Sunday, November 21 2004

AFP anthropology

An unbelievable photo caption from AFP:

A British hooligan in the streets of Belgium. The typical Briton is polite, witty and phlegmatic, but lacks a certain style and has a dental hygiene issue while having an occasional drinking problem
 
BBC Road Warriors

Bbc_logo_1
Last week, BBC correspondent Martin Asser described a taxi ride through the Gaza Strip emphasizing IDF checkpoints and the hardships they cause ordinary Palestinians (he didn't acknowledge the army’s fight against Palestinian terror). This week, Beeb road warriors in Iraq reported that a cab ride from Baghdad to the city’s airport is the world’s most dangerous drive ($5,100 fare gives you two cars and several heavily armed bodyguards). Don’t miss the previous adventures of the Beeb’s road warriors in Gaza. Next up: a ride through Boston’s scandal-ridden “Big Dig.”

 
Recommended Reading

* The Toronto Star reports that conspiracy theories regarding the causes of Yasser Arafat’s death have taken on a life of their own. Even if Arafat’s medical details are ever released to the public, it may be too little and too late to combat rumors that the U.S. gave Israel a green light to poison the PA chairman:

"Arafat will join JFK as the subject of the all-time great conspiracy theories. Every Palestinian wants to see him as a hero; they expected him to be martyred," said Mohammed Yaghi, executive director of the Palestinian Center for Mass Communication, a Ramallah-based think-tank.

"So this fits him. It provides the heroic end for a man who was always a target for Israelis. And even if Israel didn't kill him, they wanted to kill him. That is enough."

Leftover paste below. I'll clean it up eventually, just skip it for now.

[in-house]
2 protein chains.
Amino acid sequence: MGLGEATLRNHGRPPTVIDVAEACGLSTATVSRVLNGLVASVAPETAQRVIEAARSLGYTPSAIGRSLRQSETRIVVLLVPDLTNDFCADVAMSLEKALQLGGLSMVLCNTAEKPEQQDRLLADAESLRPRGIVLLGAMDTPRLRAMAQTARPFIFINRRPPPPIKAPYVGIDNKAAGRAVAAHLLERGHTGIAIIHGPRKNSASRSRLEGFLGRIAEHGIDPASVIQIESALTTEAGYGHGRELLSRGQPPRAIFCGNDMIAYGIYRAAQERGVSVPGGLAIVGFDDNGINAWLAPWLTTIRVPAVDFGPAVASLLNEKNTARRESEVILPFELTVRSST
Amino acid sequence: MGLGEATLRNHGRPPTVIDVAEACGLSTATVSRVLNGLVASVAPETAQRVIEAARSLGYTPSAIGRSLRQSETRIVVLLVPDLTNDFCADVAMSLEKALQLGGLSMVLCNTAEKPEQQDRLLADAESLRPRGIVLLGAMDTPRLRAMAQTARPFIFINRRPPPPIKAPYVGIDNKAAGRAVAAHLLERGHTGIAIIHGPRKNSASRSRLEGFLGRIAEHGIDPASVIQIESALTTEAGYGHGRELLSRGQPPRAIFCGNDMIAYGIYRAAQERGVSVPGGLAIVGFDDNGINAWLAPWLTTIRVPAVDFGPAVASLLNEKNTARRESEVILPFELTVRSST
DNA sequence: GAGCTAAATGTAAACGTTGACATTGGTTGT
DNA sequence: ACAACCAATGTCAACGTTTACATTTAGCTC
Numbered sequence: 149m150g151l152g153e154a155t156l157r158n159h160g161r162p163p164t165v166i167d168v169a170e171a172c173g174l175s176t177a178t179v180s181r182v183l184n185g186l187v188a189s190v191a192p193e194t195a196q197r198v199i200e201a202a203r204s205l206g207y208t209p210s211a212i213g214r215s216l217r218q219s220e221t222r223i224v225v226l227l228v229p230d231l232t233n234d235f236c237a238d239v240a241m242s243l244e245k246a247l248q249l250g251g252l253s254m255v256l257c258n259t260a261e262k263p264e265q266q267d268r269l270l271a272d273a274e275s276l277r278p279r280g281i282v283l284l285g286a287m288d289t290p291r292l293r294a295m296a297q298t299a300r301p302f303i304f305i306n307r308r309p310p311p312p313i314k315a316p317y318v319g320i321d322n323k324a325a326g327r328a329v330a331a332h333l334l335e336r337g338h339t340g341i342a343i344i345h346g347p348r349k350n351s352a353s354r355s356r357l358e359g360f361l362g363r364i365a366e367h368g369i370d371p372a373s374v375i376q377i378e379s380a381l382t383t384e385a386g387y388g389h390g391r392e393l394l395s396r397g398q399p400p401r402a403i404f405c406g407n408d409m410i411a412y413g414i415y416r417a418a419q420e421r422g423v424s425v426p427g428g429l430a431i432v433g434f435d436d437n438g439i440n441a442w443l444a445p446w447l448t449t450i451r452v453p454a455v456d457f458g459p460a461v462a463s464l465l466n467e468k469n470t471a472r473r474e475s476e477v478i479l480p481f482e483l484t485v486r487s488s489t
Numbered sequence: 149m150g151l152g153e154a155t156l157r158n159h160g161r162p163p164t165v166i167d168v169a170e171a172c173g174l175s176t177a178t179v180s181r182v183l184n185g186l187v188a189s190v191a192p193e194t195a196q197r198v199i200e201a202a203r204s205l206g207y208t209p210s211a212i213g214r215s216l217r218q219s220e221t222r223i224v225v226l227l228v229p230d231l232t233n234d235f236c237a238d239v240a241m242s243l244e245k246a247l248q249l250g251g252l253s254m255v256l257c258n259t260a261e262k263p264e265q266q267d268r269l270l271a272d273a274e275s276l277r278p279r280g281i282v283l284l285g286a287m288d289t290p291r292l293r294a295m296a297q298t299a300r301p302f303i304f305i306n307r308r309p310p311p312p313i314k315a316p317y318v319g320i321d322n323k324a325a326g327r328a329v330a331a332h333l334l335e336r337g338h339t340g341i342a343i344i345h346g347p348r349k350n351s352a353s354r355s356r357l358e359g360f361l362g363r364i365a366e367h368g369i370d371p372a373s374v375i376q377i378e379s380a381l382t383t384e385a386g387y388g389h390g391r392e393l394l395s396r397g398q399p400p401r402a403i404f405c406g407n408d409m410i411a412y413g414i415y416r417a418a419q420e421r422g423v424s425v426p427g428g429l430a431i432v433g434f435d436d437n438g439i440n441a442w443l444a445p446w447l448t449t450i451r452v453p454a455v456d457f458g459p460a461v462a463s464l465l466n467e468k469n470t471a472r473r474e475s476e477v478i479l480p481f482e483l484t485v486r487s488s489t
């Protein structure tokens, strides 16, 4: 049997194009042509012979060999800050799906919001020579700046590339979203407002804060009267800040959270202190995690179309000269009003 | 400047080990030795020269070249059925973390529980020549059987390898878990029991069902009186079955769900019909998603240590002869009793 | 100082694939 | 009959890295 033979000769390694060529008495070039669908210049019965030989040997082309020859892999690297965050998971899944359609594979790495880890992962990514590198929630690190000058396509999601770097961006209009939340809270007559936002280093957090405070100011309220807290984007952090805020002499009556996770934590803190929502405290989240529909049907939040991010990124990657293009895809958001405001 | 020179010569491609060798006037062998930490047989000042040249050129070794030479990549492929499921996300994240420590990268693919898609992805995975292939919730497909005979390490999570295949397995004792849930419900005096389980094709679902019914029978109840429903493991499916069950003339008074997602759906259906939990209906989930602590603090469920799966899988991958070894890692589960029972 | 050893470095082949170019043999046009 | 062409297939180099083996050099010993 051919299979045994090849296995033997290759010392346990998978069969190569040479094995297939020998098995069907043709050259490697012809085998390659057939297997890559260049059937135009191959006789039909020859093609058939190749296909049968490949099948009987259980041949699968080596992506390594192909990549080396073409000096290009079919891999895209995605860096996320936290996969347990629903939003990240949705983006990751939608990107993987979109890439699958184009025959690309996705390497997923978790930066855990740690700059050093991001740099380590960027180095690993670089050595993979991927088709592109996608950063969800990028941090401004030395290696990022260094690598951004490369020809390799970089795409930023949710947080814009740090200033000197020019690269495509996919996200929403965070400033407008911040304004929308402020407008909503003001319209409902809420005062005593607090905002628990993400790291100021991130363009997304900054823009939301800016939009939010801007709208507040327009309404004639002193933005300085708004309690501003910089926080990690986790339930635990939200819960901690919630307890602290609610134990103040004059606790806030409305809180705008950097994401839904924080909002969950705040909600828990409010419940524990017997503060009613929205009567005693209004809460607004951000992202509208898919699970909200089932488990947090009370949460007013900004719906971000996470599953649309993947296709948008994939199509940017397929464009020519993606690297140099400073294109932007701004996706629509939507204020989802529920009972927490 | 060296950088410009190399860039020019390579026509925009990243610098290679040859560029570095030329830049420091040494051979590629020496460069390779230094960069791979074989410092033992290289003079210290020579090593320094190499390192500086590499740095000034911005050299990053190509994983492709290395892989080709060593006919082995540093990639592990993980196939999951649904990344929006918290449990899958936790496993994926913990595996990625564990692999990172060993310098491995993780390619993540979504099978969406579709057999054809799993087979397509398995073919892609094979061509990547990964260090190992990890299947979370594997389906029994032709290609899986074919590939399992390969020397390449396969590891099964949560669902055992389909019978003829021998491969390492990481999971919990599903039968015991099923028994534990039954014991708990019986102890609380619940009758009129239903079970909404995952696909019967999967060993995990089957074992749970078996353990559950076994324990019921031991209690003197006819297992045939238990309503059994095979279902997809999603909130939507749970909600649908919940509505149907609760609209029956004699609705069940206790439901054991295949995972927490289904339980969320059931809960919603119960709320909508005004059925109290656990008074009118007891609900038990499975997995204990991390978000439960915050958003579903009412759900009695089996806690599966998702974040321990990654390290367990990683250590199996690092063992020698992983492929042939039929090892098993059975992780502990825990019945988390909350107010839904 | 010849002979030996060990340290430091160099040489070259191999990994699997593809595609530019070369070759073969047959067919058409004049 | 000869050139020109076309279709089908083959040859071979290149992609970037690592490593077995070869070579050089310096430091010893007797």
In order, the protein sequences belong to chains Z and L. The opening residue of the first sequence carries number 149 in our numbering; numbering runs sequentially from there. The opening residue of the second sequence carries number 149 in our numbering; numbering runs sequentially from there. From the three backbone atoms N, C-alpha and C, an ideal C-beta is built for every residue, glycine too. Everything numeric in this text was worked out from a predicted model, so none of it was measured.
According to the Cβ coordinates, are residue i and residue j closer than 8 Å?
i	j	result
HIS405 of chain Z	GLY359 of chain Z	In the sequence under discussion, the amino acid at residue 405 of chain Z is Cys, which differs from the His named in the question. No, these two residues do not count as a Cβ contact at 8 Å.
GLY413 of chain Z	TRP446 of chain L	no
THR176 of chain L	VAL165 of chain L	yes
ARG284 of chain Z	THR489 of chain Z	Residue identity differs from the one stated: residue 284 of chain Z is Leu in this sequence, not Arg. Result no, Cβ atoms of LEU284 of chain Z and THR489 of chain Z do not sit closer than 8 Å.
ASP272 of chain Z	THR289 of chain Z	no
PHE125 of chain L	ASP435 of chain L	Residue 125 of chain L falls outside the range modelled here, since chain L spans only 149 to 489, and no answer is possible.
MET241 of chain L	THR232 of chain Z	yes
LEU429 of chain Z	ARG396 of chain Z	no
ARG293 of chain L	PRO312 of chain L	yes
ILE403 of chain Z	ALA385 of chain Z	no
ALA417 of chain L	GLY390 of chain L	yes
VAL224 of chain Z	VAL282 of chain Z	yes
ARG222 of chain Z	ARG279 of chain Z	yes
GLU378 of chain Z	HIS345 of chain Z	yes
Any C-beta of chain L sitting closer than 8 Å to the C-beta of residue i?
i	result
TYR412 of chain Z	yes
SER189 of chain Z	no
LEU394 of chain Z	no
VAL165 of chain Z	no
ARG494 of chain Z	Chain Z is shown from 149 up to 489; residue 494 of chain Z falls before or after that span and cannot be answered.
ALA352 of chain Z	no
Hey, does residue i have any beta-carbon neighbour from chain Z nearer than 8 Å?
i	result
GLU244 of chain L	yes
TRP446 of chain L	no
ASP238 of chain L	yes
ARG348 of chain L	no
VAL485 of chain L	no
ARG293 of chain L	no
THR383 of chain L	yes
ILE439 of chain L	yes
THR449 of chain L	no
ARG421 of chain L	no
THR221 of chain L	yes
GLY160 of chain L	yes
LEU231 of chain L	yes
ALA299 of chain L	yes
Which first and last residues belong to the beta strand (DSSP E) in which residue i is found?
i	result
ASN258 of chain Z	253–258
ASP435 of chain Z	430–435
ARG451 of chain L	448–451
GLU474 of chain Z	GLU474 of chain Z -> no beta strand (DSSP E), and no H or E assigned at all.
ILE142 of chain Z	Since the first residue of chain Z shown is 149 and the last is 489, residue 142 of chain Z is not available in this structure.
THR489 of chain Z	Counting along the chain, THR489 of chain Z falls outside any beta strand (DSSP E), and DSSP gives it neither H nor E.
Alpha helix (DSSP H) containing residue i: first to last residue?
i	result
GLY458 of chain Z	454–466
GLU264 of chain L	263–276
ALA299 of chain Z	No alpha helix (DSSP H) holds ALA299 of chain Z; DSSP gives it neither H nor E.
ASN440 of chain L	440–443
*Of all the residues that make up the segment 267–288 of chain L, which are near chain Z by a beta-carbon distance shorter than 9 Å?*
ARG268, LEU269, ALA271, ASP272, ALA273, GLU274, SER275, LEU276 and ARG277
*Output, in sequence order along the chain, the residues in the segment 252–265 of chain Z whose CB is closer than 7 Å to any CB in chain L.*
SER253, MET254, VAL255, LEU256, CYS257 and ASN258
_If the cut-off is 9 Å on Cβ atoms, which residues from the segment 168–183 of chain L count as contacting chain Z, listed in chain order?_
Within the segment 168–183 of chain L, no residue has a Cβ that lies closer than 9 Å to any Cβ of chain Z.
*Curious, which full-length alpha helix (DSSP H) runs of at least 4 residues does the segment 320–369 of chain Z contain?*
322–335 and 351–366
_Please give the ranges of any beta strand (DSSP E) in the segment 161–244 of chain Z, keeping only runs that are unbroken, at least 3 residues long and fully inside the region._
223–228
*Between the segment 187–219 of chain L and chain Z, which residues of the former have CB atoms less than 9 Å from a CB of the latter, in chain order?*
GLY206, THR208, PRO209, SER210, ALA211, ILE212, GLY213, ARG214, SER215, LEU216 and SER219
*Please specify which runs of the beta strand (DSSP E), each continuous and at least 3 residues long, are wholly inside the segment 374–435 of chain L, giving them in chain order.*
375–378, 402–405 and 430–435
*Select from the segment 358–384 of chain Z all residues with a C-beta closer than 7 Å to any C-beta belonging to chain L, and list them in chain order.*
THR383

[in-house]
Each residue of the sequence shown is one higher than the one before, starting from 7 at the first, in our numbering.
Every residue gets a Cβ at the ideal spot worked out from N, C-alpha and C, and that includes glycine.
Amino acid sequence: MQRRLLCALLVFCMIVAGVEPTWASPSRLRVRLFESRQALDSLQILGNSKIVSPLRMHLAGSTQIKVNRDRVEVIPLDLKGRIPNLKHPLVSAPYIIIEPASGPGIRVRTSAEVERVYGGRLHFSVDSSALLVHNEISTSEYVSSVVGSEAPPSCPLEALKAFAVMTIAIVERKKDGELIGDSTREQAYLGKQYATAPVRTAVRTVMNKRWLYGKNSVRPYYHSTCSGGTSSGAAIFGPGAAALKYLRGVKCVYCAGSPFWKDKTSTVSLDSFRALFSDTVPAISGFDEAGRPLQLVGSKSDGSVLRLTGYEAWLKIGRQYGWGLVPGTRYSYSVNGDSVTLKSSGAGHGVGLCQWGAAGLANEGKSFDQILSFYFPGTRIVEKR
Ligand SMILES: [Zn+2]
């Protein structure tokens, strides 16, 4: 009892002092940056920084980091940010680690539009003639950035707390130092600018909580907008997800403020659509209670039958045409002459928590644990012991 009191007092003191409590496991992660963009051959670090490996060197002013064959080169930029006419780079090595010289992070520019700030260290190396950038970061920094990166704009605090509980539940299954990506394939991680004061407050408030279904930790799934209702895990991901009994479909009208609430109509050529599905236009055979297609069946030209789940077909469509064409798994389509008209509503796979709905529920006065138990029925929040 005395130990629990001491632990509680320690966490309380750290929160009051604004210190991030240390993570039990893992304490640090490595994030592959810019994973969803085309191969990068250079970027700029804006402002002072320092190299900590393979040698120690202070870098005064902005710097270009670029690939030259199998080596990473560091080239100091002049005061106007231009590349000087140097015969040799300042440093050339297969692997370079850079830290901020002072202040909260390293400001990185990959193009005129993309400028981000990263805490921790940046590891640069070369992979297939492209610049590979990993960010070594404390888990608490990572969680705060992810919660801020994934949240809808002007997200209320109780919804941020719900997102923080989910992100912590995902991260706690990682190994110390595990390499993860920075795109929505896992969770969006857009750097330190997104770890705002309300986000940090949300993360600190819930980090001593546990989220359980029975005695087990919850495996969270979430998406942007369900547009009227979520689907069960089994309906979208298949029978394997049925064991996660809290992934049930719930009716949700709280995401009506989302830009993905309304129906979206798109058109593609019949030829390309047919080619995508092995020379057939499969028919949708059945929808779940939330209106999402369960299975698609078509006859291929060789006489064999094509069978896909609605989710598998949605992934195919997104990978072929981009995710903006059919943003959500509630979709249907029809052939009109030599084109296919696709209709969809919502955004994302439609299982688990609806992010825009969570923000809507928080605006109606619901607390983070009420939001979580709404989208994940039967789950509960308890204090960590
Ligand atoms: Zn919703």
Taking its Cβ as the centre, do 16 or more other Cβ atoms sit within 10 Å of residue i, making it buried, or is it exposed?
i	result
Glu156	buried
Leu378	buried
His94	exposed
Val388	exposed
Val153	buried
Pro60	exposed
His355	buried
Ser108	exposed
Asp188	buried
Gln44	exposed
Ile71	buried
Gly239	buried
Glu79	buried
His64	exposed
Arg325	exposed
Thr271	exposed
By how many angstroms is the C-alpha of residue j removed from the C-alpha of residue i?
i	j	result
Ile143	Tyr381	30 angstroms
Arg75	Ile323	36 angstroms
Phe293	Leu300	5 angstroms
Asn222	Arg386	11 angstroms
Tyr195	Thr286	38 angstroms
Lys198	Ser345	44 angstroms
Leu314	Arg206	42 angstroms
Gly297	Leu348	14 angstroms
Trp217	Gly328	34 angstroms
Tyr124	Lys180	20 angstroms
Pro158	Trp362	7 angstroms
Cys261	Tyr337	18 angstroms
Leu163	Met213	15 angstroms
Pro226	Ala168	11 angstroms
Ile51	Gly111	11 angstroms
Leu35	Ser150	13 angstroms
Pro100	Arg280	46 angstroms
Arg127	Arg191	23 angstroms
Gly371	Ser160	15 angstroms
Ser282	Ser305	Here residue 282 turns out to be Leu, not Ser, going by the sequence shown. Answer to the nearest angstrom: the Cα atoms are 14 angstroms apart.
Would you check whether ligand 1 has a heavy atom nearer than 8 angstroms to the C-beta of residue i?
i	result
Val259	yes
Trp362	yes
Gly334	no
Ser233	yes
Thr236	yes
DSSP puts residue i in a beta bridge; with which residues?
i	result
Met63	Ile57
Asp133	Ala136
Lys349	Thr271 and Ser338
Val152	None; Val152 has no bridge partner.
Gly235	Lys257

* Commentary in the Washington Post regarding the lack of change in the ossifying world of Arab leadership -- the only term limit is an autocrat’s death:

Just as happens to any system that lacks a way to reinvigorate itself with competition, new ideas and younger blood, the result is predictable: corruption grows, innovation wanes and progress halts. Economic monopolies get sluggish and unresponsive, and so do political ones.

Even the death of a leader can fail to rattle the aging bones of these political systems -- and that's why it would be dangerous to hope for too much from Arafat's successor, whoever he might be. Old leaders die hard, but old habits die harder.

* Newsweek vividly describes how Iraqi insurgents systematically break all rules of warfare, and score propaganda points when the US errs. A classic case of Western values being used against Westerners: